The Bears receiving corps of Devin Hester, Earl Bennett, Johnny Knox and Devin Aromashodu was streaky at best during the course of the 2009 season. Hester, one of the game's greatest return men, was posting a decent campaign when a calf injury derailed his chance of a 1,000-yard season in Week 13. Aromashodu stepped up admirably in Hester's absence, averaging 70 yards and scoring four touchdowns in the final four games of the season. Knox was consistent, yet he never had that elusive breakout game. Bennett also posted over 700 yards, but he never broke the century mark in a single game. At this point, while the Bears have four great No. 2s and 3s, they lack a true talent to help take pressure off of Jay Cutler and Matt Forte.
The clear-cut strong point of the Bears' wideouts is their speed. Hester is a well-known commodity and one of the fastest players in the League. Knox ran a blazing 4.34 40 at the combine last year. Together, Knox and Hester make up the quickest receiving duo in the NFL. Aromashodu and Bennett are no slouches either, running a 4.35 and 4.50, respectively. With a cannon-armed quarterback like Cutler at the helm, having players with the ability to get downfield in a hurry is a necessity. If the Bears were able to add a possession receiver with a bit of muscle, such as a Hines Ward or Derrick Mason type of player, it would greatly increase the potency of their current crew.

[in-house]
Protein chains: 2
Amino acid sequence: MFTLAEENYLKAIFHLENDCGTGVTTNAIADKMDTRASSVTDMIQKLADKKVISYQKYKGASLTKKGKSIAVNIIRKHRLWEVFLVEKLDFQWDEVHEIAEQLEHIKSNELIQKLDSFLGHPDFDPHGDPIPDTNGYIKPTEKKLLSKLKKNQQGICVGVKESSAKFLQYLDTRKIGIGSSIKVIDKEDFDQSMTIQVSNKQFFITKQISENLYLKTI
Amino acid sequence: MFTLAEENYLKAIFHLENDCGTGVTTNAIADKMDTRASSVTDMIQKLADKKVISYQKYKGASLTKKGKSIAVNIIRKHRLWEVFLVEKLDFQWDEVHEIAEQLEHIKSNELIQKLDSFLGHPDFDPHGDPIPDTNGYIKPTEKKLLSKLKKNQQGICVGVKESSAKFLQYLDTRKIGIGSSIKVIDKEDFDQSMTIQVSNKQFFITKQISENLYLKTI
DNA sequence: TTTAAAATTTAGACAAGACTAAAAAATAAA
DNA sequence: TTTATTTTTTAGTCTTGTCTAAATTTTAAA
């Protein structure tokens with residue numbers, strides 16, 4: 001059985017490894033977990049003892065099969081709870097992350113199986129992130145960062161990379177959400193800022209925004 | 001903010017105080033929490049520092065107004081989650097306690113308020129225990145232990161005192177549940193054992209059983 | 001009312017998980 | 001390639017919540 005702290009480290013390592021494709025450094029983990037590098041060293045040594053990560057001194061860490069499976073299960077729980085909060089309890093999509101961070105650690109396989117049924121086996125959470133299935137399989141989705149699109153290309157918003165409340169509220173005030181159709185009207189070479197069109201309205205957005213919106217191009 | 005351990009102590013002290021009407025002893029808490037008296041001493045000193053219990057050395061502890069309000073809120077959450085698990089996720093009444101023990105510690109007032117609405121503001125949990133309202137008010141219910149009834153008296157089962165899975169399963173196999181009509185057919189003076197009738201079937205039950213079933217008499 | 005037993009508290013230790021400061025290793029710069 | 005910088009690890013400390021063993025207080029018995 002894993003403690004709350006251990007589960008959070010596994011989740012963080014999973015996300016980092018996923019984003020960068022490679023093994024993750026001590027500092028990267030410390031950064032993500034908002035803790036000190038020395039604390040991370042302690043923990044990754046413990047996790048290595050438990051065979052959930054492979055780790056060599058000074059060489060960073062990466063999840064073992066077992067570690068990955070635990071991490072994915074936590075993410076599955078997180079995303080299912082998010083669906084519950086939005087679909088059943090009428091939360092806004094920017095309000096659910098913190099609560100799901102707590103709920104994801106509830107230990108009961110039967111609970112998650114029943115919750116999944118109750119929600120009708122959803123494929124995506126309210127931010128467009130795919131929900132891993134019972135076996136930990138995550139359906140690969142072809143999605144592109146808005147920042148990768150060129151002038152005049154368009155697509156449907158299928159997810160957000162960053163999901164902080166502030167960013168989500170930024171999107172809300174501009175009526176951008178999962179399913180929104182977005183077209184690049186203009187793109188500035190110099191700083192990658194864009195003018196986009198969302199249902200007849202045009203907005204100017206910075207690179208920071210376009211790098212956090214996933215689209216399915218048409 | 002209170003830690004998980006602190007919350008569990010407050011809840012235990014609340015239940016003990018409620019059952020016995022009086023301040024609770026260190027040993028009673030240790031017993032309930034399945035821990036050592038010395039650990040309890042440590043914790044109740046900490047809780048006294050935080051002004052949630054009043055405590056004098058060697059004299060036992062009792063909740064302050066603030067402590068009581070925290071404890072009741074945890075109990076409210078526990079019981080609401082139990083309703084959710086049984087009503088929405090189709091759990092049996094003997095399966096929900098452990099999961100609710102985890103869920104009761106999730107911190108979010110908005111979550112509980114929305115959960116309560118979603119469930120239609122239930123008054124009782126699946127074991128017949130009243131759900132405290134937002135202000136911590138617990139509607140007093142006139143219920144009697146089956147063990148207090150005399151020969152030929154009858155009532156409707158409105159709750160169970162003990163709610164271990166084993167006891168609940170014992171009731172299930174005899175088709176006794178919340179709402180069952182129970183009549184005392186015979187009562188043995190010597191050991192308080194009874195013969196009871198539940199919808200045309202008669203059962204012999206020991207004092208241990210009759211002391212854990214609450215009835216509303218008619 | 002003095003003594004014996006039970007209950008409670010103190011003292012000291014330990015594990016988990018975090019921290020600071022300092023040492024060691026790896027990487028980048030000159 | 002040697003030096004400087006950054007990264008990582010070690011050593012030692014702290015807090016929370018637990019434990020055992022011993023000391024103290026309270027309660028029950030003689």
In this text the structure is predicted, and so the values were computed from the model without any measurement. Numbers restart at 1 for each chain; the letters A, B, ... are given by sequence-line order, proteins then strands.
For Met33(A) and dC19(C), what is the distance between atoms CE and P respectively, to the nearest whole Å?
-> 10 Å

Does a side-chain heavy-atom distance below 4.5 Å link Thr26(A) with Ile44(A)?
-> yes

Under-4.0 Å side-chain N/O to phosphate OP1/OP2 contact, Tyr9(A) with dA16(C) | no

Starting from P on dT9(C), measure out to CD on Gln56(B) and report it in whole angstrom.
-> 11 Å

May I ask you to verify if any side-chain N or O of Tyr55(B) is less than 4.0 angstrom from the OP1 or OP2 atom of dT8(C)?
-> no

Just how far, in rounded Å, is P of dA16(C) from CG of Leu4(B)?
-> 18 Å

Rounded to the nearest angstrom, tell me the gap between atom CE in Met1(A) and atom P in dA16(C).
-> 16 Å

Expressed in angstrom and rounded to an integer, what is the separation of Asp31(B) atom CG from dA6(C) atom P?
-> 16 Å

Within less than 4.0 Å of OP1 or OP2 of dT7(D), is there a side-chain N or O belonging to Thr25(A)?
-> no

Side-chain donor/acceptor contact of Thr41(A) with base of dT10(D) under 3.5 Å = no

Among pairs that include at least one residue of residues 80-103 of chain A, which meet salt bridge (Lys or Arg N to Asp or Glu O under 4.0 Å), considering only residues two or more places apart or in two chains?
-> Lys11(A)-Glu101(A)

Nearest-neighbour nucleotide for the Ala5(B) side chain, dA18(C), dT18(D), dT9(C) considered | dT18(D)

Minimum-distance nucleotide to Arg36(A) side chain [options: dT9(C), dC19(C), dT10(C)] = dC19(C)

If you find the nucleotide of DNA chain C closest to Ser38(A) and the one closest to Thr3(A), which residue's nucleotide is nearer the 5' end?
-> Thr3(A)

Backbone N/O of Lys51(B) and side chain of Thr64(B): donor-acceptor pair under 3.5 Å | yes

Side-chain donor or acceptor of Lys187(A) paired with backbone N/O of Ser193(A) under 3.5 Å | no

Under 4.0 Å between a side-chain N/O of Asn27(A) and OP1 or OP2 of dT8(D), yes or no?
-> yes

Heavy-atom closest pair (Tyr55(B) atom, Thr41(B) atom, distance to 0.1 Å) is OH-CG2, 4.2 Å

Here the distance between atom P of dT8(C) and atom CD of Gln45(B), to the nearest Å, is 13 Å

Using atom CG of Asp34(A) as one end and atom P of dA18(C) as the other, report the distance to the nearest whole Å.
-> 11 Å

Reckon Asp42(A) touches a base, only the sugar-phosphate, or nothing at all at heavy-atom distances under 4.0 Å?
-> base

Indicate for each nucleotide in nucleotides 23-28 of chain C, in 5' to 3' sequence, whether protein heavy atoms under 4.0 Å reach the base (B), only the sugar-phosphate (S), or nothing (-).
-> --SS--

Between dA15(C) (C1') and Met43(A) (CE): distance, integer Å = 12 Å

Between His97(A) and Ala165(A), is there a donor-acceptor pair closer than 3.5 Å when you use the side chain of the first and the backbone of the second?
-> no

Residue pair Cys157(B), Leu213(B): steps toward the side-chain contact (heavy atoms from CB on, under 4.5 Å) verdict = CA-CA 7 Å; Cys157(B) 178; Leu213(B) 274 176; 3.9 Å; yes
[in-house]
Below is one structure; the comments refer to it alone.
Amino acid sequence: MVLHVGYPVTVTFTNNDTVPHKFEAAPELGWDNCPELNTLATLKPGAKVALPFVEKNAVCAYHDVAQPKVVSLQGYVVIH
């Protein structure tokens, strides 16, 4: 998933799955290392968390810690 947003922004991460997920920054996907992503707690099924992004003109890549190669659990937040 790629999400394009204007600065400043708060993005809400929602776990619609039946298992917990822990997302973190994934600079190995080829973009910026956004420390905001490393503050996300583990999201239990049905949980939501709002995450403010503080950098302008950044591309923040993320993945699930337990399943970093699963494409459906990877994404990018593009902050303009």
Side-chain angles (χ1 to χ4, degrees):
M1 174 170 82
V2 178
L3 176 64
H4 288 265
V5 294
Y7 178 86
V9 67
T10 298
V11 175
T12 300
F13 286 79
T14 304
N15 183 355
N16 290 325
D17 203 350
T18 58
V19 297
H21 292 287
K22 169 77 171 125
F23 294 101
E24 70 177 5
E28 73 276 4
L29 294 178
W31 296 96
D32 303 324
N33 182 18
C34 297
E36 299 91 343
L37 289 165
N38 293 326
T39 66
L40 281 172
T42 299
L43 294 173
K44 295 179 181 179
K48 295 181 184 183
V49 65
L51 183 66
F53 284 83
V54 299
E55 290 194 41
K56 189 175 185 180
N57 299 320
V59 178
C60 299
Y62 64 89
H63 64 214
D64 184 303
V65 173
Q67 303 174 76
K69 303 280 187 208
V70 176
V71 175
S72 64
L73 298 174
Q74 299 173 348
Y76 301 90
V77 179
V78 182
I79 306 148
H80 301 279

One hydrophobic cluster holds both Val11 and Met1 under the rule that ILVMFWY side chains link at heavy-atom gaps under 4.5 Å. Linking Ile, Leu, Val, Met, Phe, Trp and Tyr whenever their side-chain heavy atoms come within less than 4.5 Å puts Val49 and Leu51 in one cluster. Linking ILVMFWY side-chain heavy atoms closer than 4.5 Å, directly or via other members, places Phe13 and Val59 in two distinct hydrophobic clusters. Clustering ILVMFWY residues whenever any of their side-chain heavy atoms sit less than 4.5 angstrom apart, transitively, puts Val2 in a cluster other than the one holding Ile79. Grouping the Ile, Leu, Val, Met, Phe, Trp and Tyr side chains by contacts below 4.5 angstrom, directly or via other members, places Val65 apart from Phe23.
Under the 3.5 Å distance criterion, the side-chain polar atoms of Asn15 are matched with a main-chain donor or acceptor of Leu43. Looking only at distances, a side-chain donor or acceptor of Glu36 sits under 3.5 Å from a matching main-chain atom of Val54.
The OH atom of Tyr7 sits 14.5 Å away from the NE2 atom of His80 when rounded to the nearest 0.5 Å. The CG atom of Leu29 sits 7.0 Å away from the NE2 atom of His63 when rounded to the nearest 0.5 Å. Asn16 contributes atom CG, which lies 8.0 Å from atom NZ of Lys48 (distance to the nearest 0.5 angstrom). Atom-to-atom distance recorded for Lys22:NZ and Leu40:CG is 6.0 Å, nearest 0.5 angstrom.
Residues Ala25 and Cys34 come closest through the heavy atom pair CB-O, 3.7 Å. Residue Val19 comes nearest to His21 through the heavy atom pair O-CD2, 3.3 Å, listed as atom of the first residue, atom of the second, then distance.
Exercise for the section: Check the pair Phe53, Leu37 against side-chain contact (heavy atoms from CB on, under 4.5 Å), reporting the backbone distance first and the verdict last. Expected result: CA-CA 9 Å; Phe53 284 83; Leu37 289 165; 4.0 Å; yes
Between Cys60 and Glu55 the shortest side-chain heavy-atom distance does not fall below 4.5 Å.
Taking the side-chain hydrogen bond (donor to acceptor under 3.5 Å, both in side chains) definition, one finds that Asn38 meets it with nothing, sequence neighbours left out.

What the Bears have in speed, they lack in stature. With the exception of the moderately tall Aromashodu (6-2), the rest need shoe lifts just to get to six feet. As cornerbacks continue their evolution in the NFL, size has become a key component. Chicago could use a receiver with height to help counter-balance the current situation. With this squad, Cutler cannot replicate jump-ball opportunities like those available with Larry Fitzgerald in Arizona, Randy Moss in New England or even Sidney Rice in Minnesota. Acquiring a player that can consistently go up and get fade patterns in goal-line situations would be a valuable asset to the Bears' struggling – 27th in the league – red-zone offense.
WR Earl Bennett
AP Images: Charles Rex Arbogast
The Bears have four receivers that have the potential to be superb second options. Hester is a guy who can thrive as a slot receiver/kick returner. As a No. 1 option, however, his size and lack of experience limits his ability to carry a team. All the receivers are young and still have time to vastly improve their skills. Bennett, at only 22, has the best chance to step up and be the go-to receiver that Cutler desperately needs. Knox lacks size, but with great coaching, he could eventually develop into a poor man's Wes Welker.
The Bears need to decide which of the four receivers are going to give their team the best chance to win over the next five years. After that decision is made, the next one must be who to trade or cut. Having Knox, Hester and Aromashodu on the same team is an obvious overkill. All of those players essentially bring the same skill set to the table. The Bears would be better off to send Aromashodu packing, put Knox in the slot, move Hester back to full-time return duties, add a solid veteran and allow him to compete with Bennett for the starting position.
The Bears rank 16th overall at the receiver position. Directly in front of them are the Denver Broncos, and directly behind them are the Seattle Seahawks. In the NFC North, the Minnesota Vikings are sixth, the Green Bay Packers are seventh and the Detroit Lions are 24th. The highest-ranked receiving unit in the NFL belongs to the Indianapolis Colts.
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